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Czarpyotr

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Really impressed with your theories! Many of them sound super plausible and I enjoyed reading through them all. I agree with the other poster that it certainly is an allegory about our corporate culture, and the only thing that makes me really think Playdead feels that way is the utter lack of marketing for this game.

The fact that they are based in Denmark makes a lot of sense with that message, as advertising is largely restricted in Denmark and the culture there is very centered around keeping a low profile and having a good work life balance. So perhaps this is a very dark allegory of the "Nordic Theory of Everything" as it were, which consists of studies and research on why people in Nordic countries are happier on average. Also playing into that, there are only white people in this game, which I'm not saying as an "oh no lack of diversity!" but as a further reflection of the culture and environment that the studio comes out of.

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Pantheus

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Posted this in another thread figured I'd post it here too haha

I'd just like to bounce my thoughts off you guys as to the entire theme of the game:

The game is called Inside because it's theme reflects processes that take place inside the human body.

IMO it was all a metaphor for conception / a failed birth. The vaginal tract at the end of the game (and the way it is ruptured by the player) and the amount of damage the miscarriage did to the "body" as it exited towards the end of the game was pretty plain to me. That being said, I think things go a bit deeper.

I believe the player character is actually the foreign entity that goes inside the body and actually causes this miscarriage to occur in the first place, be it a virus or disease of some sort. Maybe even a Plan-B or some sort of actual human intervention. The amount of parallels I could draw between the things in this game and the processes that take place within the human body are ridiculous, such as the "authority" figure(s) in the game AKA the immune system constantly seeking to eliminate the player if we show ourselves or behave out of line when being observed. I could go on for hours, trust me. The ending was the conceptual "disposal" of whatever remained of what was GOING to be a baby, ejected from the body and left basically dead on the shores where nobody cares about it anymore.

Just wanna see what others who have beaten the game think as well.

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crcruz3

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I really like all the OP teories, I'd would add this: The blob controls the player that controls the boy to free itself. And when it's free it disconnect you and the boy.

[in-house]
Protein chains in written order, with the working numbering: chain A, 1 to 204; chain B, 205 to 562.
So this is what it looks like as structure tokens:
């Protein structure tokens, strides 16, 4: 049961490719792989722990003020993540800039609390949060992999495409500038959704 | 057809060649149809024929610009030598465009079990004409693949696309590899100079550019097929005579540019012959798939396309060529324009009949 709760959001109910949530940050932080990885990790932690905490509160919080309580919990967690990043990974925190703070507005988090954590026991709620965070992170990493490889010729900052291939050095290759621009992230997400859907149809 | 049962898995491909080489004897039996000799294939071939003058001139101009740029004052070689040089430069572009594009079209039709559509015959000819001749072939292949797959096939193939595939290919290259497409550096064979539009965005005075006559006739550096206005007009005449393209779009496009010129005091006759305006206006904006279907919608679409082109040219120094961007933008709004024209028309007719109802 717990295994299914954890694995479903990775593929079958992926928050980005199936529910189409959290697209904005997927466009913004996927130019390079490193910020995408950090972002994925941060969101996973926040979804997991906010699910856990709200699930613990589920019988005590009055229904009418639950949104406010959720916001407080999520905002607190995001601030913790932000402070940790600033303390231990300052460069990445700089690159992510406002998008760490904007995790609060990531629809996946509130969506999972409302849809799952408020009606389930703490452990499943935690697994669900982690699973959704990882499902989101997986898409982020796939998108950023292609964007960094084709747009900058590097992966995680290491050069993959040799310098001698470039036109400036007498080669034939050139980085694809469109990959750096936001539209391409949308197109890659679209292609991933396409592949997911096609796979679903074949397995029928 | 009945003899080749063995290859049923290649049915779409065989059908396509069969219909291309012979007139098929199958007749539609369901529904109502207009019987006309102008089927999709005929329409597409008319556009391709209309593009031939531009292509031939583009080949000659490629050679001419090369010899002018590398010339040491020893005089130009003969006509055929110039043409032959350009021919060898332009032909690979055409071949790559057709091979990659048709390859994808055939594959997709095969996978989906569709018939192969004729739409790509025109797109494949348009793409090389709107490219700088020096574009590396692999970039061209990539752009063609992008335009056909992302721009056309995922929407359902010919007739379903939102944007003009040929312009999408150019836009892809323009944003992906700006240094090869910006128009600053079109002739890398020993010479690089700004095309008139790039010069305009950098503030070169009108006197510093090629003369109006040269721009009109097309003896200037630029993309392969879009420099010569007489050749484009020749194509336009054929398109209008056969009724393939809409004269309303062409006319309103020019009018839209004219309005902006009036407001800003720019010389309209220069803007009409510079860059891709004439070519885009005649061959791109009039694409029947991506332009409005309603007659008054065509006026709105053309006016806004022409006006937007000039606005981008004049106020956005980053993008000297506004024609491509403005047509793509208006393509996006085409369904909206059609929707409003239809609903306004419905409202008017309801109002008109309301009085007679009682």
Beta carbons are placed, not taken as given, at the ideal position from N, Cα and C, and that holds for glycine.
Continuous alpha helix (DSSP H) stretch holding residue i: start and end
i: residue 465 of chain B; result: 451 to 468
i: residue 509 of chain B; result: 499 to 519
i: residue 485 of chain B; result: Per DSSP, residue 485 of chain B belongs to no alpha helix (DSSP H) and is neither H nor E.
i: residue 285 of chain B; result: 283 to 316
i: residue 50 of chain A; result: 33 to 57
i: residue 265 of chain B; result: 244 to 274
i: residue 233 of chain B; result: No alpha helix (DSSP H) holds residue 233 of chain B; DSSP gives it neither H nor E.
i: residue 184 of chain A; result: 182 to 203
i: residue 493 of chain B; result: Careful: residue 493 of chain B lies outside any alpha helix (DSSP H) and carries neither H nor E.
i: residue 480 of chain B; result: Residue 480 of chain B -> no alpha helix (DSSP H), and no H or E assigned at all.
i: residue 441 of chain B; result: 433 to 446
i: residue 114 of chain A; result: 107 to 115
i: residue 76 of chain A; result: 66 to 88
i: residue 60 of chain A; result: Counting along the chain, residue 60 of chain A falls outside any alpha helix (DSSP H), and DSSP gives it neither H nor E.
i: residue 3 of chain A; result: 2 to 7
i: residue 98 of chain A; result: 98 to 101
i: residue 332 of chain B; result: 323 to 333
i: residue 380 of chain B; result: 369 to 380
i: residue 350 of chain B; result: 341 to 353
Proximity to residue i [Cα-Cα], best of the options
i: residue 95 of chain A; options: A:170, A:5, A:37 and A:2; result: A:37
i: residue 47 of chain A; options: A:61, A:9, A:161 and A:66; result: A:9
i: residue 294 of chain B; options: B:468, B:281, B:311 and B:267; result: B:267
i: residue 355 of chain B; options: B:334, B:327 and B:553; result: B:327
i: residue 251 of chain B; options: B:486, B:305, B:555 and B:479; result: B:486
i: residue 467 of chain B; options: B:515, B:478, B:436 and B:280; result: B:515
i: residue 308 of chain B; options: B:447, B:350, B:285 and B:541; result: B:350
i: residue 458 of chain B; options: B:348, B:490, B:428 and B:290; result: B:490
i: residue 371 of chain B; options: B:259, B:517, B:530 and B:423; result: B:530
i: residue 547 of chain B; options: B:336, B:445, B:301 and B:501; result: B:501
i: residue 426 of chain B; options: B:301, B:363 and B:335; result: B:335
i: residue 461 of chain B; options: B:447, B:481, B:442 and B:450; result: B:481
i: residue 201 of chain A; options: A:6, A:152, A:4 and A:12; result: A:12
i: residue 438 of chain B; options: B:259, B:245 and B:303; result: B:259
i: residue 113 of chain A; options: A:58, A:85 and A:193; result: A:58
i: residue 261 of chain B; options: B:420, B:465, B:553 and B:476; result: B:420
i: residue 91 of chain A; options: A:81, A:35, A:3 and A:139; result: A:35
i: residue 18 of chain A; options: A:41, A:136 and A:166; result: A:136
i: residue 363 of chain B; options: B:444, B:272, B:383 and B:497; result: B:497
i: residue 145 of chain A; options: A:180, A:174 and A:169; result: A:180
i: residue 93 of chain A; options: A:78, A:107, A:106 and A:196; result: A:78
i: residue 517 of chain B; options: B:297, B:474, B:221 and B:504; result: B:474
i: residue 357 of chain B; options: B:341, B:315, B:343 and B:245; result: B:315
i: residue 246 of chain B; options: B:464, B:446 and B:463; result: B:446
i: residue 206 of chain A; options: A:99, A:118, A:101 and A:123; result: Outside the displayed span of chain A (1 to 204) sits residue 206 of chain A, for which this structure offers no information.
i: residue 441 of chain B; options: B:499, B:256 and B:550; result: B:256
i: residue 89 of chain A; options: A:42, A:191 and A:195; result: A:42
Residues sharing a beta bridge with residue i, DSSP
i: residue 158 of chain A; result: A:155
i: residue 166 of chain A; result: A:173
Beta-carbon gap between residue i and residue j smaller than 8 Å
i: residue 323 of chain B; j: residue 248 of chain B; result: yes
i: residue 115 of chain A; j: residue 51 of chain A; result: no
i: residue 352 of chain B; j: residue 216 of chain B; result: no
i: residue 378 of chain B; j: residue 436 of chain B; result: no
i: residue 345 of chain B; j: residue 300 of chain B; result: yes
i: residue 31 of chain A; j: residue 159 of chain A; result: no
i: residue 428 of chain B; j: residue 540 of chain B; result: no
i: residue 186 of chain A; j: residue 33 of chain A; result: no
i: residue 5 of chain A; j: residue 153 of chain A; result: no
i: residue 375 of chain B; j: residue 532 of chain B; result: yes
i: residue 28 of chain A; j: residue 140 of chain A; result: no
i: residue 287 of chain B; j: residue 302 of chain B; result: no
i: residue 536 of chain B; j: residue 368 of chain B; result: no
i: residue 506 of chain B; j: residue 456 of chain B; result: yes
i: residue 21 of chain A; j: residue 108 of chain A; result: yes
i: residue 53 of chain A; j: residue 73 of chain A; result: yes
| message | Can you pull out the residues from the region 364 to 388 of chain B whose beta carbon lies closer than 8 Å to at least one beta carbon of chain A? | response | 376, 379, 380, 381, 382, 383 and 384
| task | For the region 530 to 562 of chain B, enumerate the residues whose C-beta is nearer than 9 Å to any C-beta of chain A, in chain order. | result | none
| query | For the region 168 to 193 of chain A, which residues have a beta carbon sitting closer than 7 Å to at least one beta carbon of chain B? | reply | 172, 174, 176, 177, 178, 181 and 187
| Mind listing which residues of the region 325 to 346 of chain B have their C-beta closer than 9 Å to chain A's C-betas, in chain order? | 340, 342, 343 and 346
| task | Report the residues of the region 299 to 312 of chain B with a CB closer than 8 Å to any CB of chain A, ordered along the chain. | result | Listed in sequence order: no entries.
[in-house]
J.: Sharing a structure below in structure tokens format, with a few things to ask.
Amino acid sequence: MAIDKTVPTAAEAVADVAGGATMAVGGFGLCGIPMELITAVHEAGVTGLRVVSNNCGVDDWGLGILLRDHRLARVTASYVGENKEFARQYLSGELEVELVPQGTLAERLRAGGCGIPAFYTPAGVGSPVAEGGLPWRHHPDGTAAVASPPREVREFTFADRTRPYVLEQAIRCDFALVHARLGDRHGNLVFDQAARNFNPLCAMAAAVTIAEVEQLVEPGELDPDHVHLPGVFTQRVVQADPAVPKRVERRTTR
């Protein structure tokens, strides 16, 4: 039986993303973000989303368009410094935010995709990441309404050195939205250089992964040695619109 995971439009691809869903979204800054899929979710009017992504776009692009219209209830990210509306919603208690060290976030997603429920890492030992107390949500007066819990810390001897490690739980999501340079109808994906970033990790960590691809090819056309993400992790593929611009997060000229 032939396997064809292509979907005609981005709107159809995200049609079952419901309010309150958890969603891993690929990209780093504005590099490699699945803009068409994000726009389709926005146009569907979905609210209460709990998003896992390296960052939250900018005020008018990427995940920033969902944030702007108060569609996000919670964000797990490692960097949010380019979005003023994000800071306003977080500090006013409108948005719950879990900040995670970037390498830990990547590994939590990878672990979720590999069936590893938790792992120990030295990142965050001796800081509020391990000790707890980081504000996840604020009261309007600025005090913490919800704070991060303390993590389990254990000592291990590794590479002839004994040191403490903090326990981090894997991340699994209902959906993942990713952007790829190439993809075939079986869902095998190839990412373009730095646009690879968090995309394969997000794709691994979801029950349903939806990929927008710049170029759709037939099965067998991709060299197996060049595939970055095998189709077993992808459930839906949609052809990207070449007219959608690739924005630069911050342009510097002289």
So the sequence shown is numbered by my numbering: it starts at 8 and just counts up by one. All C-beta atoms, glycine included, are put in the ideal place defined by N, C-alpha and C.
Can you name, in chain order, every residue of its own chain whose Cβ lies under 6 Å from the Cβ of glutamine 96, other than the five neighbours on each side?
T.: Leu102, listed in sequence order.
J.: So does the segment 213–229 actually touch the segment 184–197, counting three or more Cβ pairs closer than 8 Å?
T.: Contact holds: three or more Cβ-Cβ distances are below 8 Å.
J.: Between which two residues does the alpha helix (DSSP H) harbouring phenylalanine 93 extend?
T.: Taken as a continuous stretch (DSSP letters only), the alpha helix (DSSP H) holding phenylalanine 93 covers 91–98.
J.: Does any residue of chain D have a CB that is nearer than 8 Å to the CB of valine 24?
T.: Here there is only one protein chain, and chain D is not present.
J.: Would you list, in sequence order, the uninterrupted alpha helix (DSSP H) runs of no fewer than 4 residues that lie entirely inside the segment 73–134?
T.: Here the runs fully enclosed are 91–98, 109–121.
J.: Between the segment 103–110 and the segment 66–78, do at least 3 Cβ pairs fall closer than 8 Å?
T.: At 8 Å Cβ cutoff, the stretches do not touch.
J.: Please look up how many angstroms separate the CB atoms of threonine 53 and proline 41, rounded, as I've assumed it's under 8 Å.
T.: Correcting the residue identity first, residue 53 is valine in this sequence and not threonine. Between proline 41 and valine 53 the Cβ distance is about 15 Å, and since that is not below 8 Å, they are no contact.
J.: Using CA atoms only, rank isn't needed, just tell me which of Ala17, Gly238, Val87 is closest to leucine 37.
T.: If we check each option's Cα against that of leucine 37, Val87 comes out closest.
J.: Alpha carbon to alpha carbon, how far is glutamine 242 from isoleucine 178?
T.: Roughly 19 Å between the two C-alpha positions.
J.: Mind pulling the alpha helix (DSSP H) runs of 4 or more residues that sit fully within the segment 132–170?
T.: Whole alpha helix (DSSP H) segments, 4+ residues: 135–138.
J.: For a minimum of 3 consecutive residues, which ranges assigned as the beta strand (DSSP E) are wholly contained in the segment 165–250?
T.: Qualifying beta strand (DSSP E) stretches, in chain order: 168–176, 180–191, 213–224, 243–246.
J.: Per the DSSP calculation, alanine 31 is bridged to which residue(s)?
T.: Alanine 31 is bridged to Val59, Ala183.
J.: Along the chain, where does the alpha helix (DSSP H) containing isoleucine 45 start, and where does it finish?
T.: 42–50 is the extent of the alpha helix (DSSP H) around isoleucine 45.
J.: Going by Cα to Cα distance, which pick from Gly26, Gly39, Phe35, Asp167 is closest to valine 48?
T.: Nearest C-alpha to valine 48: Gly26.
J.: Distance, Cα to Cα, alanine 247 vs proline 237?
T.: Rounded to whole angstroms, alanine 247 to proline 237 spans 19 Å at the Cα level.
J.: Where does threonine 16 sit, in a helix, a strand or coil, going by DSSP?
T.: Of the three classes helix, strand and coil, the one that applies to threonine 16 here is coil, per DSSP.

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deactivated-5d692715a5c58

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I agree almost wholeheartedly with the OP's theories, but there is one key detail left out.

The entire game is a setup. It is all a rat race designed to grow the hivemind bigger and better. They run this test over and over to make it stronger. They are creating the strongest mind mankind has ever seen. The evidence backing this is the fact that absolutely every important thing has a gigantic spotlight on it. It's just a long series of tests so that only the strongest of victims will make it to the hivemind. Selective breeding in a way. There is a point towards the end when the blob crashes through two stories and lands in a giant glass container of sorts. Look at the background of that scene for a moment. Look familiar? It's a direct model of the very last scene of the game. Proof of concept maybe when they were first designing the last part of the test. As the hivemind finally escapes we roll up to another spotlight that seems to be focusing on nothing. But as we approach, it becomes clear what the light is focusing on, us. We are badly hurt from the fall and unable to move. We were so close. Even the escape was all part of their plan. Credits roll, screen fades to black, and they pick us up and run the experiment again. The hivemind now knows that no matter how big it gets, no matter how many minds it consumes they will always design around it. There is no escape. So it takes it's final victim, goes under the cornfield, and disconnects itself. It commits suicide. It's done being a rat to further their agenda... for now.

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Broddity